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The Tesla Problem: When Your Car Knows More Than You Do

Tesla and the New York Times recently scuffled over Model S performance. What does it mean when consumer perceptions clash with the data?


Recently, automotive upstart Tesla Motors and the New York Times got into a bit of a scuffle over some vehicle data. When the New York Times reporter charged (pun intended!) with reviewing a Tesla Model S ran out of battery and required a tow on a cold winter day, Tesla looked at the vehicle diagnostic data to see what was really going on. Tesla found that the car had not run out of charge, but had been used improperly: not charged for long enough and not driven at appropriate speeds, among other issues.

New York Times public editor Margaret Sullivan summarized the situation from a journalist's perspective, but we're interested in looking at it from an automotive data perspective. Teslas and other modern cars certainly represent a revolution in the way people interact with their vehicles. With more and more sophisticated software and electronics in vehicles, cars diagnose and resolve small problems constantly and indeed can almost drive themselves--in fact, some literally do

But what about when your car is too smart for you? All the diagnostic data and smart software in the world don't amount to anything useful if drivers don't understand them. Ultimately, the driver is the expert. If a car's system is too complex to understand or too different from what drivers are used to, drivers will have a bad experience--and the car's reputation will suffer as a result. We're seeing this already in our own data, where problems with audio, entertainment, and navigation systems are skyrocketing over mechanical issues; JD Power and Associates see the same thing. People have high expectations of software, yet low tolerance for learning about it.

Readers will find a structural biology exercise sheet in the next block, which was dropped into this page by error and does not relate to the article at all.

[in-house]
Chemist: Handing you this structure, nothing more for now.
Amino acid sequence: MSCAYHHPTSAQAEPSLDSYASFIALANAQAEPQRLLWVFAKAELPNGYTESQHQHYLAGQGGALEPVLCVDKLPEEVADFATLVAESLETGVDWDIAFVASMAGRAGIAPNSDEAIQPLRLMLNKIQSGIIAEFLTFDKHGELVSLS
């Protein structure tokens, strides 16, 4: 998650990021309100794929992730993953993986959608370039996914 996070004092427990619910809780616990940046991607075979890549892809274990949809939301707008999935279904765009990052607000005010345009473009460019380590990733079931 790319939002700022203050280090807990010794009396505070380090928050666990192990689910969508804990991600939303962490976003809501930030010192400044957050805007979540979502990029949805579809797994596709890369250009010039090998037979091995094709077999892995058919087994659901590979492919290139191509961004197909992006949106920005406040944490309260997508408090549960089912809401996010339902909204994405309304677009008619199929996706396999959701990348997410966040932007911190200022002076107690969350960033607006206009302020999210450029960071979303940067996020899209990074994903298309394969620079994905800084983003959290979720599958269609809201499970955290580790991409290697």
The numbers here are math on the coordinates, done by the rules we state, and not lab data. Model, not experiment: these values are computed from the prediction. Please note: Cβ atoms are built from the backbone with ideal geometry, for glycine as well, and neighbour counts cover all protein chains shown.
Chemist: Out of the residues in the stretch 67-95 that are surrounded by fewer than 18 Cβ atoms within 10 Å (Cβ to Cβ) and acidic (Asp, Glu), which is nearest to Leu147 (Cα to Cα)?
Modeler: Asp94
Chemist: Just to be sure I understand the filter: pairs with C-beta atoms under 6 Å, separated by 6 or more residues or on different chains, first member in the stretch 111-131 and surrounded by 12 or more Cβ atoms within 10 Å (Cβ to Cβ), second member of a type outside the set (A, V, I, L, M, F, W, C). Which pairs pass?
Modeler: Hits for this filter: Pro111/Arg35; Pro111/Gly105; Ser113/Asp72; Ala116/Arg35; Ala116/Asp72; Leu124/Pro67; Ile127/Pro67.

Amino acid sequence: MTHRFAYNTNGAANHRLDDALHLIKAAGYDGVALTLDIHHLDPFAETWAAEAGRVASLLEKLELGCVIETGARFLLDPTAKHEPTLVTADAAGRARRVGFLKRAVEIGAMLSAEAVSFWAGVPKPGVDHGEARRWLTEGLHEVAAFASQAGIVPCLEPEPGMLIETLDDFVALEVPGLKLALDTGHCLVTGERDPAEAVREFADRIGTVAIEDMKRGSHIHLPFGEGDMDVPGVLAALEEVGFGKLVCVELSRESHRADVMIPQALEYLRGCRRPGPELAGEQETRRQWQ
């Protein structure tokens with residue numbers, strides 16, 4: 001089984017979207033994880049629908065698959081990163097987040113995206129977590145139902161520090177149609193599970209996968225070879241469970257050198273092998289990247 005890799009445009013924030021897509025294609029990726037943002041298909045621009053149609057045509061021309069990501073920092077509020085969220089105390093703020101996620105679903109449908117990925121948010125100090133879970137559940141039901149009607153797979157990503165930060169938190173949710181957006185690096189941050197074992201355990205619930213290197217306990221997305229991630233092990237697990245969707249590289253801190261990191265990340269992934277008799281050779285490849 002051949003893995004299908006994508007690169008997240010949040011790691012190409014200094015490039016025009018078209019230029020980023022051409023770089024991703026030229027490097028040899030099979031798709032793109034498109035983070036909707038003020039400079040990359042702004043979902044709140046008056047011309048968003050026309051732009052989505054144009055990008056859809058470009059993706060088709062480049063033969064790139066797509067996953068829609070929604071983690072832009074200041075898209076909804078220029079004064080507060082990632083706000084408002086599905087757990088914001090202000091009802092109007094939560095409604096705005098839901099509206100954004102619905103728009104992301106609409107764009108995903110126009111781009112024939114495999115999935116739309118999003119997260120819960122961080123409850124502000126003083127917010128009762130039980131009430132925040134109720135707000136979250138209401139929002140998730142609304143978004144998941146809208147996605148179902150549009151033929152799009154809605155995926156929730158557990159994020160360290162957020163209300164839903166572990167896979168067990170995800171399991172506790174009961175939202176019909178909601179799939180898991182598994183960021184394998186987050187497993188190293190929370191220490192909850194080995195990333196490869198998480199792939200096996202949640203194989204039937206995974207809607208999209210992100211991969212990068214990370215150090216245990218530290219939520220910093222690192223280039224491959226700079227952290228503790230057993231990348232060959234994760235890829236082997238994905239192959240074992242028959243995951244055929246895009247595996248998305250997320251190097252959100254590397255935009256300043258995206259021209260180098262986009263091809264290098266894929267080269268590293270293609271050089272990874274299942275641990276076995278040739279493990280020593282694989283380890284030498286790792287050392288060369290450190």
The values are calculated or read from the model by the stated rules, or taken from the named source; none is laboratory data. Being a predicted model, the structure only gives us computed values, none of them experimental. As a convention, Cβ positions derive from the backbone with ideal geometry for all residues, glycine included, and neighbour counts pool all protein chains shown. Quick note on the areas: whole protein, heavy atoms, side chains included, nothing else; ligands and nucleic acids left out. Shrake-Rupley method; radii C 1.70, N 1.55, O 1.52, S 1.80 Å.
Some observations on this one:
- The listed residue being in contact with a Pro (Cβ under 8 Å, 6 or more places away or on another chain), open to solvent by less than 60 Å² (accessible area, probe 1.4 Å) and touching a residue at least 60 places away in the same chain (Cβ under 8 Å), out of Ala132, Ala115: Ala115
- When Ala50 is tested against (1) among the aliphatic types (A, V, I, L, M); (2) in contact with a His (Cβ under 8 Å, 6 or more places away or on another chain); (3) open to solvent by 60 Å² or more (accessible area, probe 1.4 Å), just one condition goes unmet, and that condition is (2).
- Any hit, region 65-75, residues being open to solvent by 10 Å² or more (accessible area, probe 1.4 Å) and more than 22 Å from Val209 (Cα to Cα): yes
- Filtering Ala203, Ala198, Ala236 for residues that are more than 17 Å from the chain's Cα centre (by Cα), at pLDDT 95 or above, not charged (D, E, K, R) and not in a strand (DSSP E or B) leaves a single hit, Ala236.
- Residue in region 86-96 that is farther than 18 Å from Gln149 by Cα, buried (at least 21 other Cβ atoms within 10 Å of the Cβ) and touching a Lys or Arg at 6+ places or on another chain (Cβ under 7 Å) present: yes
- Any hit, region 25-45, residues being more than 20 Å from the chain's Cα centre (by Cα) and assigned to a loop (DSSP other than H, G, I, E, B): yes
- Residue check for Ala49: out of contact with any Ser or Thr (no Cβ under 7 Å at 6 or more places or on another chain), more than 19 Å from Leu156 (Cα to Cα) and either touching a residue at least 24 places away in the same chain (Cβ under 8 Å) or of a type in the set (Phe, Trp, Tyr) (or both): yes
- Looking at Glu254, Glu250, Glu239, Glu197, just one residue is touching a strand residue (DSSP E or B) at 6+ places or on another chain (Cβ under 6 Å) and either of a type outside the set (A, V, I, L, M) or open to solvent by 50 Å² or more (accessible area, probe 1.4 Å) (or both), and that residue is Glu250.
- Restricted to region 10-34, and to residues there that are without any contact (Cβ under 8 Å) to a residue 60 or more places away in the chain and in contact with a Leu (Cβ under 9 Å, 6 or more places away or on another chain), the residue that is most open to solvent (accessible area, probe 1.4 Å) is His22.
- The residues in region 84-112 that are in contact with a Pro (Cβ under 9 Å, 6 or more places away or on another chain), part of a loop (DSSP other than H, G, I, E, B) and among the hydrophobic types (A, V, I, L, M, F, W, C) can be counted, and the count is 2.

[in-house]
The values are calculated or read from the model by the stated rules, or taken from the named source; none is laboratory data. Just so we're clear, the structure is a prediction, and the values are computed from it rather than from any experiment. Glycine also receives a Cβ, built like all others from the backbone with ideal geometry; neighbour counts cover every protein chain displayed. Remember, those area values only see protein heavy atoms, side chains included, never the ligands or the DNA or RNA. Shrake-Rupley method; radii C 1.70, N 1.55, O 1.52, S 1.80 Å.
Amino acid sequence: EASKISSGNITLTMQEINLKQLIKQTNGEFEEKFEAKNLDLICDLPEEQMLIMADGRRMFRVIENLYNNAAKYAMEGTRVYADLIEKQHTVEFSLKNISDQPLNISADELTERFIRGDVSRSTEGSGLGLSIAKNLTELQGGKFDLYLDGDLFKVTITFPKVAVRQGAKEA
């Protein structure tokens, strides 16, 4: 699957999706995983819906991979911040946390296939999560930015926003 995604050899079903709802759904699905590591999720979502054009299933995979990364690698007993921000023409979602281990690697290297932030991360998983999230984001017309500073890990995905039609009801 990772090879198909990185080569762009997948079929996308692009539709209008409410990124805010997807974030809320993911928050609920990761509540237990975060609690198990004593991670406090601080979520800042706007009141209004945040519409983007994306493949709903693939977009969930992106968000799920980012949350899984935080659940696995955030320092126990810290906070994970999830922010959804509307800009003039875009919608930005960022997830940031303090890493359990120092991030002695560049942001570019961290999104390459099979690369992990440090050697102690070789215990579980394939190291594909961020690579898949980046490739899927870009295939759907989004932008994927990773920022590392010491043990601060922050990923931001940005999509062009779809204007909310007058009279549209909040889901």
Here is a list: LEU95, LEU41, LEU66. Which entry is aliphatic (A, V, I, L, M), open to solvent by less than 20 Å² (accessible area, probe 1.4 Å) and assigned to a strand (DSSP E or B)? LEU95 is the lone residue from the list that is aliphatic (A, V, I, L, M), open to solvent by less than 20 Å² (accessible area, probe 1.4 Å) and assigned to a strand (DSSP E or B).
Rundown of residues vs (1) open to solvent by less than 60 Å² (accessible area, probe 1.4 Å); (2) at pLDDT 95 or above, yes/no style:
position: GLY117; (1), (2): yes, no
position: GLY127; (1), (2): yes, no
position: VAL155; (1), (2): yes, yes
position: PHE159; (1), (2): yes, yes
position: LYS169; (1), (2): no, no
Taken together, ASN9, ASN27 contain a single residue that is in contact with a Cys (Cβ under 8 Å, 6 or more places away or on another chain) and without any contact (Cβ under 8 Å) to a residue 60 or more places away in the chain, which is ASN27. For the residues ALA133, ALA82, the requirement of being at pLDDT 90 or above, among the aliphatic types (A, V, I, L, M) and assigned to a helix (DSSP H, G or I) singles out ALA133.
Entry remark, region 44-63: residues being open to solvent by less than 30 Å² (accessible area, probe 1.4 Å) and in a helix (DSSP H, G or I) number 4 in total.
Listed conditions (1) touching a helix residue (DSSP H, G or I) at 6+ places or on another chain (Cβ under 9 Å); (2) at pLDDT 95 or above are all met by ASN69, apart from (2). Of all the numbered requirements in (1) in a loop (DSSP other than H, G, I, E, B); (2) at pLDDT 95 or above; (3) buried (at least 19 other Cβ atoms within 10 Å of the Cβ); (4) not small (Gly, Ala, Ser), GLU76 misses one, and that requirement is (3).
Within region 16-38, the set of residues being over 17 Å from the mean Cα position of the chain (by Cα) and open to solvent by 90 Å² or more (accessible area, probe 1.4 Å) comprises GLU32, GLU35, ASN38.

Tesla Model S

The New York Times experience echoes consumer concerns; we discovered in one of our studies that about 20% of consumers interested in an electric vehicle were not sure where they would charge it. While the debacle may have hit Tesla's reputation, the problem is not Tesla, but rather complex vehicle features that drivers don't understand. We see this frequently in our Continuous Quality Insight surveys, where drivers express confusion and frustration regarding the steep learning curve for operating various vehicle features. This is one reason we've developed Quick Tips educational content to help drivers better understand the specific features they identify as problematic.

While Tesla's full data log may redeem the car to some extent, it doesn't change the experience of a Tesla driver who's confused about why the vehicle charge seems to be dropping faster than expected, and doesn't have enough time to charge properly. There's nearly always a good technical explanation for any problem you may have with your vehicle, but that doesn't ease the confusion and frustration you feel as a result of those problems. Tesla fans suggested that the New York Times reporter should have read the owner's manual before driving; if he had, he might not have experienced the problems he did. Perhaps true--but how many of you have read your owner's manual in any situation other than an emergency?

Our habits as drivers are based on our expectation that cars will always work as expected. When that doesn't happen, and the owner's manual doesn't immediately provide an answer, we're almost always at a loss. The solution for the automotive industry going forward will be to find ways--like our Quick Tips--to help drivers understand their vehicles better. Driving should be a partnership, not a battle--between automaker and journalist, nor between automobile and driver. Education can help strengthen that partnership. Let's make it happen.


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